Simulating 200 kHz AC Tumor-Killing Fields with COMSOL Multiphysics®

K. W. Carlson [1], N. Paudel [2], S. Dokos [3], J. A. Tuszynski [4],
[1] Beth Israel Deaconess Medical Center - Harvard Medical School, Boston, MA, USA
[2] IEEE, Greenville, NC, USA
[3] University of New South Wales, Sydney, NSW, Australia
[4] University of Alberta, Edmonton, AB, Canada
Published in 2018

Alternating 200 kHz electric fields ~2 V/cm (Tumor Treating Fields, ‘TTFields’) kill cancer cells by disrupting the delicate orchestration of chromosome spindle formation, but the exact mechanism of action is unknown. The likely suspects are polarized intracellular molecules such as microtubules. Calculations and our first simulations show that TTFields-tubulin interaction energy is insufficient to disrupt function.

Recently the conductivity of microtubules (MTs) was measured to be 20 S/m, which is 400 times higher than that of the ambient cytosol (0.05 S/m) [2]. Based on studies of MTs and their micro-environment, we built a COMSOL model of the MT as a layered cylindrical structure like a coaxial cable: Innermost is the lumen (15 nm in thickness), surrounded by 13 strands of alpha-beta tubulin dimers linked in a helix (4.5 nm). C-termini extend out from the helix with a thickness of 3.5 nm. MTs carry net negative charge, thus they are surrounded by a counter-ion layer (2 nm), and an outer non-conductive Bjerrum layer (3 nm).

We built a finite element model in COMSOL Multiphysics (tm) incorporating these layers and examined the current density induced in each layer by TTFields for MTs varying in length from 1 – 10 µm within an ambient 200 kHz AC electric field of 1 – 4 V/cm. The notable COMSOL techniques used in the model include: an interpolation function used to import the results of molecular dynamics simulations and map them onto a 2D surface, moving mesh to capture displacement due to electrostatic forces, coupled Solid Mechanics and AC/DC physics.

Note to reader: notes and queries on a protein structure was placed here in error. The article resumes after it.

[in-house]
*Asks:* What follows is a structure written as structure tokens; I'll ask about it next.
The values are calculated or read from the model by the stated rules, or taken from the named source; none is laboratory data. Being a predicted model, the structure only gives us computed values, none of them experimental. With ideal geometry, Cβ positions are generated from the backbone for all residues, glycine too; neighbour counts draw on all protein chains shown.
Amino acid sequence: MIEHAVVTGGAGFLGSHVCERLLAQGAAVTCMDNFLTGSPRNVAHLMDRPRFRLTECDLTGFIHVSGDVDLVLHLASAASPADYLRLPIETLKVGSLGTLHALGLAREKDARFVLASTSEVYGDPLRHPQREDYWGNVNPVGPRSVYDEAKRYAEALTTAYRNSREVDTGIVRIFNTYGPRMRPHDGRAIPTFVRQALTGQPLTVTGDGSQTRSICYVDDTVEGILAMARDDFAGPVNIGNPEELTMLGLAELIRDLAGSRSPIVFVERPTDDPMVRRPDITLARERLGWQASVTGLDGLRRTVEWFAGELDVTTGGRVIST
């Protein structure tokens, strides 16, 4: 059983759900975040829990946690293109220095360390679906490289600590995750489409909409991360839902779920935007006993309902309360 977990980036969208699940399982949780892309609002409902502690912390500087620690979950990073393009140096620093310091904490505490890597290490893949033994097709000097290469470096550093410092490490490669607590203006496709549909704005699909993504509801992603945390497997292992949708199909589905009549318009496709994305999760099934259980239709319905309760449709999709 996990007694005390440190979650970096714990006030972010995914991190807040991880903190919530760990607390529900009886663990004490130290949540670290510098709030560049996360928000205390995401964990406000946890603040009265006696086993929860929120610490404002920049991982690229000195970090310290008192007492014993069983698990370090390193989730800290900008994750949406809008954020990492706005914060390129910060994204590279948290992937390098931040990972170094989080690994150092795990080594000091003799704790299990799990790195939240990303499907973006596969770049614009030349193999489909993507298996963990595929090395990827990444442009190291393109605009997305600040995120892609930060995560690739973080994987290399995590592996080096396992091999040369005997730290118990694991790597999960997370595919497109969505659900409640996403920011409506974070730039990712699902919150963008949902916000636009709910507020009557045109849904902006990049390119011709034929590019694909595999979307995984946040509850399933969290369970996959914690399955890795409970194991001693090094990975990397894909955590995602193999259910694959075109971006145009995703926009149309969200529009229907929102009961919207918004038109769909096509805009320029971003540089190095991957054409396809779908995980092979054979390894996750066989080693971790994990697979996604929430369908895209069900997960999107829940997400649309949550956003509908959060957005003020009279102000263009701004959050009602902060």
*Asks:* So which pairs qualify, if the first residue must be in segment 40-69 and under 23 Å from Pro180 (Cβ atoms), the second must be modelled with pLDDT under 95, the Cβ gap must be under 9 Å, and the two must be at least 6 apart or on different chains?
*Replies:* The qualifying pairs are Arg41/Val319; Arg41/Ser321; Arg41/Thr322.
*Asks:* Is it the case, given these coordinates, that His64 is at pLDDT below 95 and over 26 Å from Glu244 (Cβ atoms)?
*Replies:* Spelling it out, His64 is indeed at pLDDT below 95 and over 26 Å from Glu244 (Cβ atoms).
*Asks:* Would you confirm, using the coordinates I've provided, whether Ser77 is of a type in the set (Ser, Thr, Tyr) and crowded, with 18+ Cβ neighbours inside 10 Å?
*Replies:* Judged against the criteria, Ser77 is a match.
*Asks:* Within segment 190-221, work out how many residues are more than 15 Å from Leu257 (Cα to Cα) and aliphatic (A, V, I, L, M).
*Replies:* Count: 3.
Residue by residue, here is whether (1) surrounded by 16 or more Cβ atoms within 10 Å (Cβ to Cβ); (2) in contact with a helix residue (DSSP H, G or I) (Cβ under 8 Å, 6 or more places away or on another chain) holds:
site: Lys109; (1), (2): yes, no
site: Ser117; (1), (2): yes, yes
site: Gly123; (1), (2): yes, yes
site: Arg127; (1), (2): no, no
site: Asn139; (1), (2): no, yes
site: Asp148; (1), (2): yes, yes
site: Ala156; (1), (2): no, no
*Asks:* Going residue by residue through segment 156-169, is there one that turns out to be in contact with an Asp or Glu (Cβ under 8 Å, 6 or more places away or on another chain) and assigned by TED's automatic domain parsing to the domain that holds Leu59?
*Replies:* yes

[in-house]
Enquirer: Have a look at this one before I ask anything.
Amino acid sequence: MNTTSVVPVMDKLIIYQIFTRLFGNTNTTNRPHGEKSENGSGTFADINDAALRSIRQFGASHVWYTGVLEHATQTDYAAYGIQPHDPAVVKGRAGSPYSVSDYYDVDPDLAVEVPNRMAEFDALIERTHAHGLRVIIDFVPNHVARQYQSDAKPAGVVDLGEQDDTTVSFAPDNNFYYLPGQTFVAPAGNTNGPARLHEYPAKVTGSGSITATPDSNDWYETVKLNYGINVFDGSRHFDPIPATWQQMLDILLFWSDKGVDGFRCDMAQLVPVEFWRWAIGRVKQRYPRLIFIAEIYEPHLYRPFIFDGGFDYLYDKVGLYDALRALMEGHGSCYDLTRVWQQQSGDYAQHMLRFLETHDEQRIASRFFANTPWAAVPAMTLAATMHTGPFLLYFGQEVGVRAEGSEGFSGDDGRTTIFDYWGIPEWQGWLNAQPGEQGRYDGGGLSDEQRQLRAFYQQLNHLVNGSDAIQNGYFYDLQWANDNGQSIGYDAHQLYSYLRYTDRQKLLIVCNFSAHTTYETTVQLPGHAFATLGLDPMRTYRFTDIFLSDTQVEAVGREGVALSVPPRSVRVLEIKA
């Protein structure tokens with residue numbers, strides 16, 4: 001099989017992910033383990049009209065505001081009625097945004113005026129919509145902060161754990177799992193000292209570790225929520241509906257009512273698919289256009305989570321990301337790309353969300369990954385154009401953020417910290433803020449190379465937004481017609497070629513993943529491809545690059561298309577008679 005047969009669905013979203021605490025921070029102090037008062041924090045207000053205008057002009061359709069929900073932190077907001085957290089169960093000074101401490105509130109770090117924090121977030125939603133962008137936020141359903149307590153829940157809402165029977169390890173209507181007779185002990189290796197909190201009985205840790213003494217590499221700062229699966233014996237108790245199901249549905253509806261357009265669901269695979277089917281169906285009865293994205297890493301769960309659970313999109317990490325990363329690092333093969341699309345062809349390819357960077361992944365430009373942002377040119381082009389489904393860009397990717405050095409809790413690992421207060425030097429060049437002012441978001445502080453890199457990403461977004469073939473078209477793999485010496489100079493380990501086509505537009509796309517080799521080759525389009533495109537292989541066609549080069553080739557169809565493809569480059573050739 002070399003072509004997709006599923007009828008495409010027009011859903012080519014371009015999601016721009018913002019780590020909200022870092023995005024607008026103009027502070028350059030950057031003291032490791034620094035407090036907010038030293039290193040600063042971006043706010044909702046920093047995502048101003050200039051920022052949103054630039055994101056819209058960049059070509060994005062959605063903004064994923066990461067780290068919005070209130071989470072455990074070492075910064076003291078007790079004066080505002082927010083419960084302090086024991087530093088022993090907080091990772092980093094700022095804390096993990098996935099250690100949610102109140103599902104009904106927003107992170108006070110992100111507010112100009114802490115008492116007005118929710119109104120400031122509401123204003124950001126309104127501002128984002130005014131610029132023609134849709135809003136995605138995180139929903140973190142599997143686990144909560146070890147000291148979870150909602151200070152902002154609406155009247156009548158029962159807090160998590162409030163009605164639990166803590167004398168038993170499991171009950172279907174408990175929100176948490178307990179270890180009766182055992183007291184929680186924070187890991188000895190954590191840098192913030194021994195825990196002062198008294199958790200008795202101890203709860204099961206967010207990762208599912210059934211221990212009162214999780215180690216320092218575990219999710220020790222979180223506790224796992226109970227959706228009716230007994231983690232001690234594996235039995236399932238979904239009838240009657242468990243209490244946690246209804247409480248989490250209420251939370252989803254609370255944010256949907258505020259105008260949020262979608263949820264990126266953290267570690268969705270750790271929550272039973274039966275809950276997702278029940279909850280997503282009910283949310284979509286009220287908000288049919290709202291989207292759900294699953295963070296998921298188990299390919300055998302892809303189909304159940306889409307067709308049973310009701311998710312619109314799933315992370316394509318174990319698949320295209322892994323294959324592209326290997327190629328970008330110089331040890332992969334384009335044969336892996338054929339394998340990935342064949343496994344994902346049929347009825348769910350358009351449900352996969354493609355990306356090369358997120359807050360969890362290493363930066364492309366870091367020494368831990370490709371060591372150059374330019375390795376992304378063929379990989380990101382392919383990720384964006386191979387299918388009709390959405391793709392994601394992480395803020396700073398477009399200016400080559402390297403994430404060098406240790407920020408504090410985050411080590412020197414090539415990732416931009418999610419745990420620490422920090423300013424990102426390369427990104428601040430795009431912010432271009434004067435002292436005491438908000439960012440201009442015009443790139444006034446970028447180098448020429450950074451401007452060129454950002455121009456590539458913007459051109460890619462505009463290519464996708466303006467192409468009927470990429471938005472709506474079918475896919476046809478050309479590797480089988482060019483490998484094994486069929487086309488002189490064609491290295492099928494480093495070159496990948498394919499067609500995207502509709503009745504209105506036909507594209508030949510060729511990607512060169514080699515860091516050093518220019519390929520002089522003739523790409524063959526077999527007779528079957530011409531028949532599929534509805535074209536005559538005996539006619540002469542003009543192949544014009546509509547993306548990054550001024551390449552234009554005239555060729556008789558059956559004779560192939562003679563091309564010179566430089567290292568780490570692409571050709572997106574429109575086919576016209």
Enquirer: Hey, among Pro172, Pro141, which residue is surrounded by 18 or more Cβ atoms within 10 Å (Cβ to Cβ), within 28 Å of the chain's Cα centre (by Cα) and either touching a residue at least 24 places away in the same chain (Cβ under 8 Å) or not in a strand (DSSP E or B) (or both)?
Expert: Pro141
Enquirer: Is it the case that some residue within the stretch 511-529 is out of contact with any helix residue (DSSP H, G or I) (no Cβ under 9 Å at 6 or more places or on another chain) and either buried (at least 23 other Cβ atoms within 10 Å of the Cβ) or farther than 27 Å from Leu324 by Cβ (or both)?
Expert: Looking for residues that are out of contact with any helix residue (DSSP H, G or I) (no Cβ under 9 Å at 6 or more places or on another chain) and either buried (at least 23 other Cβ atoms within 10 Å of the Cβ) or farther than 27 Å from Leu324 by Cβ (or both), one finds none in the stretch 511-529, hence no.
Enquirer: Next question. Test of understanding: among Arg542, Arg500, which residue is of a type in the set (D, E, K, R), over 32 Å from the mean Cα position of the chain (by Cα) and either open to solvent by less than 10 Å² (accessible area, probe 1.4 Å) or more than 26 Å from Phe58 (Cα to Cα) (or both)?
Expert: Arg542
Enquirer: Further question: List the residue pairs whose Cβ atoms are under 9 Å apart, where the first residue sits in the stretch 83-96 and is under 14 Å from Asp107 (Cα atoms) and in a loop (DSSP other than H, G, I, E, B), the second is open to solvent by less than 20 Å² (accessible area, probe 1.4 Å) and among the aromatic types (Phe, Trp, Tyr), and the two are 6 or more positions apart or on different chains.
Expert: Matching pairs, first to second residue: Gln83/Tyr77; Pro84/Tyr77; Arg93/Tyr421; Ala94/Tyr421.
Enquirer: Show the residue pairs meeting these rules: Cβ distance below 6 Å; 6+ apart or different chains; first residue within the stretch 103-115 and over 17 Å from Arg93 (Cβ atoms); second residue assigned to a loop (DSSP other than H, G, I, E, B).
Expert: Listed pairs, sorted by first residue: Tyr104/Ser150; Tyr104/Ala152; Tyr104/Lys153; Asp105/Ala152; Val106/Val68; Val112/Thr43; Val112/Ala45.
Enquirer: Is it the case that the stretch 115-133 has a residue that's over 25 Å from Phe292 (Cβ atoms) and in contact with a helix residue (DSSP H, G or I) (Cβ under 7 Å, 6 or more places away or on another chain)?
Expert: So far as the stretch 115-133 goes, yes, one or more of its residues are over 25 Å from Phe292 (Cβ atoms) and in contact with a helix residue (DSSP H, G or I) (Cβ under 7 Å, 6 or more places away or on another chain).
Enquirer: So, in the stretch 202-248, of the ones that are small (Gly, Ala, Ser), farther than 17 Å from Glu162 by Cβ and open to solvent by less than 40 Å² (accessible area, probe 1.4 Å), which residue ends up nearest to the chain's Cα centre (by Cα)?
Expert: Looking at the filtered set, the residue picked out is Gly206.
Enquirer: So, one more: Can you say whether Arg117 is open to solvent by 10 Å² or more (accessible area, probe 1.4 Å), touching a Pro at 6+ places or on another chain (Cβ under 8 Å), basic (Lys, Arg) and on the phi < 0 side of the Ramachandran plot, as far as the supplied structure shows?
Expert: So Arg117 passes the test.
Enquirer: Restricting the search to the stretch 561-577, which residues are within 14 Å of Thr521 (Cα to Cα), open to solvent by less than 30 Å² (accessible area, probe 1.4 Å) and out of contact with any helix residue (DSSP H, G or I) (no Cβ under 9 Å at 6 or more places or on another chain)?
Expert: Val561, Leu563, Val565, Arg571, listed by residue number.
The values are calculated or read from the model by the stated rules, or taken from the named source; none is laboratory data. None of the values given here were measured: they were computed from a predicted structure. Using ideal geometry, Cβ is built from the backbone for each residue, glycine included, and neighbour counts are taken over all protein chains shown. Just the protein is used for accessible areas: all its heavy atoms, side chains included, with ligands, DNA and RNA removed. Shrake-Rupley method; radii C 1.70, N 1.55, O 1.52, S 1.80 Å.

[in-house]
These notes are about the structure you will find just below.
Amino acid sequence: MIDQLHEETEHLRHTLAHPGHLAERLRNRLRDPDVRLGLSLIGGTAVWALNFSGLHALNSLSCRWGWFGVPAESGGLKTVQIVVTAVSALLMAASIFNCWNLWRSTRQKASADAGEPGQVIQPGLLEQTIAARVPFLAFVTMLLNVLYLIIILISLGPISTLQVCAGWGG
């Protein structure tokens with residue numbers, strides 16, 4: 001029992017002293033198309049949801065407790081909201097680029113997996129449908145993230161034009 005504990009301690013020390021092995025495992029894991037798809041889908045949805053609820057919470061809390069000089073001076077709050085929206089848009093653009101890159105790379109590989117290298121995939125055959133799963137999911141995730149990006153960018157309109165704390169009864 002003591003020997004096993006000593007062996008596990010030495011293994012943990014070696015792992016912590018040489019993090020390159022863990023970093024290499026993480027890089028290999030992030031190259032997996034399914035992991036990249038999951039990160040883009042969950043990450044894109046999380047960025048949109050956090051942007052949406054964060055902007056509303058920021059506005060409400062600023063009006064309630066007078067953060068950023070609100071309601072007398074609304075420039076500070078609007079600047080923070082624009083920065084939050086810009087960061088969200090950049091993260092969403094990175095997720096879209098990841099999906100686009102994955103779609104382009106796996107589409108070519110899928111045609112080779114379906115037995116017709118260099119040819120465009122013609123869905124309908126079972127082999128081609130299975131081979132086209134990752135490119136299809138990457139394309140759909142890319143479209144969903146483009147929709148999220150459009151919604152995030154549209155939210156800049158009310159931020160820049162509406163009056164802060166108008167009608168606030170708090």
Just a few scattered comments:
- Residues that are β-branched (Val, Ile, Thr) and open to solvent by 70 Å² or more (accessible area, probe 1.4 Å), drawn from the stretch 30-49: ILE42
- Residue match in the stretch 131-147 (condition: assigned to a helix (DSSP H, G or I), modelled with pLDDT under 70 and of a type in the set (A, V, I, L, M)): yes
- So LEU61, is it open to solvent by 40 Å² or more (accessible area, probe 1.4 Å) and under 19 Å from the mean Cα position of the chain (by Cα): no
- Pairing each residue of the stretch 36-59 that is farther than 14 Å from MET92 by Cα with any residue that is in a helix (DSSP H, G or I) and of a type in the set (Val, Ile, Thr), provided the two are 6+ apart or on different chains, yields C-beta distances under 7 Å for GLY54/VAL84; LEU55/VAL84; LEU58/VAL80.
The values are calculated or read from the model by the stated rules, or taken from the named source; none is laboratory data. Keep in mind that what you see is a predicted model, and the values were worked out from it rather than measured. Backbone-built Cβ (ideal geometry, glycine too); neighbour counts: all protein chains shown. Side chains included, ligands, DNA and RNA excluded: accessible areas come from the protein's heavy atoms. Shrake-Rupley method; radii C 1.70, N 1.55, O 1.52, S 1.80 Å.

To test this hypothesis, we performed numerical simulations evaluating the magnitude of the electric current along MTs exposed to TTFields at 200 kHz. We found that when TTFields penetrate the cytosol, they may induce electric currents along MTs in the counter-ion layer that are strong enough to disrupt key cellular functions. Our model shows that MTs act as electrical ‘shunts’ that conduct electric current within them. The current density in the counter-ion layer exceeds the level likely to disrupt the motor protein kinesin ‘walk’ along the C-termini. The current density is highest when both the field and the MTs are aligned with the cell axis, in accord with in vitro experiments.

Homing in further on the specific mechanism, recent work reveals a highly sensitive phase of the kinesin walk. The back ‘foot’ of kinesin is released from its C-terminus contact by ATP (10-19 Joules). The kinesin molecule ‘neck’ then lurches forward over 10 ms, skipping over the intermediate C-terminus where the forward foot is attached, and placing the new forward foot near the next C-terminus. The final phase of the walk is believed to take place when thermal buffeting of the forward foot randomly positions it near enough to the C-terminus for electrostatic forces to bind it. We are examining this diffusion phase to determine if TTFields present a stall force ≥ 10-19 N preventing diffusion and disrupting the kinesin walk.